The University of Arizona

Vegetation, cattle, and economic responses to grazing strategies and pressures.

W.A. Manley, R.H. Hart, M.J. Samuel, M.A. Smith, J.W. Waggoner, J.T. Manley


Rotation grazing strategies have been proposed to increase stocking capacity, improve animal gains, and improve forage production and range condition. We compared continuous or season-long, 4-pasture rotationally deferred, and 8-paddock time-controlled rotation grazing on mixed-grass rangeland near Cheyenne, Wyo. from 1982 through 1994. Stocking rates under light, moderate and heavy grazing averaged 21.6, 47.0, and 62.7 steer-day ha-1; grazing pressures were 11.0 to 90.1 steer-day Mg-1 of forage dry matter produced. We estimated above and below-ground biomass, botanical composition and basal cover. Bare ground and cover of warm-season grasses, forbs, and lichens were greater under heavy stocking; cover of litter, western wheatgrass, and total cool-season graminoids were greater under light stocking. Stocking rate and grazing strategy had no effect on above-ground biomass and little effect on below-ground biomass. Under heavy stocking, percent of above-ground biomass contributed by forbs increased, especially under time-controlled rotation grazing, and that of western wheatgrass decreased. Otherwise, effects of grazing strategy, level vs. slope, and north vs. south slope on vegetation were insignificant. Steer average daily gain decreased linearly as grazing pressure increased (r2 = 0.44); grazing strategies had no significant effect. When cattle prices are favorable, the stocking rates that are most profitable in the short run may be high enough to reduce range condition.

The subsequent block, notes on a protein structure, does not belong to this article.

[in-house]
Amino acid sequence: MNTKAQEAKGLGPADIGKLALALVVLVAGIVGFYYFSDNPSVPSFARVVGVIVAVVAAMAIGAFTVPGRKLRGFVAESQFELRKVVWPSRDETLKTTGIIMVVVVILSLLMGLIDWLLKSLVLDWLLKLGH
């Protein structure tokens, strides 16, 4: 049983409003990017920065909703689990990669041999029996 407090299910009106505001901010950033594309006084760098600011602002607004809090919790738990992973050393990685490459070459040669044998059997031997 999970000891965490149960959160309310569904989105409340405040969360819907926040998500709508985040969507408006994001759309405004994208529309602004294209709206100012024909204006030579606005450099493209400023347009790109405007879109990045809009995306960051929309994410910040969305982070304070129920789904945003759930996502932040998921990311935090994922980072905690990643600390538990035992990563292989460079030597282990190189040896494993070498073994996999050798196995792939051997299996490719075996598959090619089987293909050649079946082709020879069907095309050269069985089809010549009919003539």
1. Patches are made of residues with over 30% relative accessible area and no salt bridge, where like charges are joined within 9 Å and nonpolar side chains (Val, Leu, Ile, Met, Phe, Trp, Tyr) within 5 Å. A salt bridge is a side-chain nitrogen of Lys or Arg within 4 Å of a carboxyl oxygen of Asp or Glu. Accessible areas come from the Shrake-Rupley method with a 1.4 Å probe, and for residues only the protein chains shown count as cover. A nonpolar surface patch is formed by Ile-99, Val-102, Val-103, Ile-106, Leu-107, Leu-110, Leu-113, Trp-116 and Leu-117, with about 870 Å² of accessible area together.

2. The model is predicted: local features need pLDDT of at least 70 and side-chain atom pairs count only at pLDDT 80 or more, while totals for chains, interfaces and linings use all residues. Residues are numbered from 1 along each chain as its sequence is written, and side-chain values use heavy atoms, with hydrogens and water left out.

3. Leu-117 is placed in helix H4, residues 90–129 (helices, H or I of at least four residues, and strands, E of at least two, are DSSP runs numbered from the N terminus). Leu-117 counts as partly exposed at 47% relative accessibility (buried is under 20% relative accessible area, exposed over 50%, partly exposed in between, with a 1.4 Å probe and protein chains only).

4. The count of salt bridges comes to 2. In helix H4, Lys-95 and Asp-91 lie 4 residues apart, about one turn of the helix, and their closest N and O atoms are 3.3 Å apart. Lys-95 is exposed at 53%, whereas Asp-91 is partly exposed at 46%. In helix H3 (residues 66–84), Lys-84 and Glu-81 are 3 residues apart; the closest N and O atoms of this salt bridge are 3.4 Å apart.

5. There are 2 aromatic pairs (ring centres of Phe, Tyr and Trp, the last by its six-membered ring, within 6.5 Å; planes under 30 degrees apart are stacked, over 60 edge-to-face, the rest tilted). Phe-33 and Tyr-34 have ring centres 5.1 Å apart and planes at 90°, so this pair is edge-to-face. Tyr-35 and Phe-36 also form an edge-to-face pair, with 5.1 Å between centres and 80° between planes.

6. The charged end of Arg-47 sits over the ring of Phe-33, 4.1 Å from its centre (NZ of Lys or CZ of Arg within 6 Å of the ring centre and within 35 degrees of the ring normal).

optimization;ground cover;producer prices;beef;liveweight gain;continuous grazing;root systems;rain;stocking rate;forbs;rotational grazing;steers;Wyoming;grazing intensity;biomass;plant litter;botanical composition;grasses

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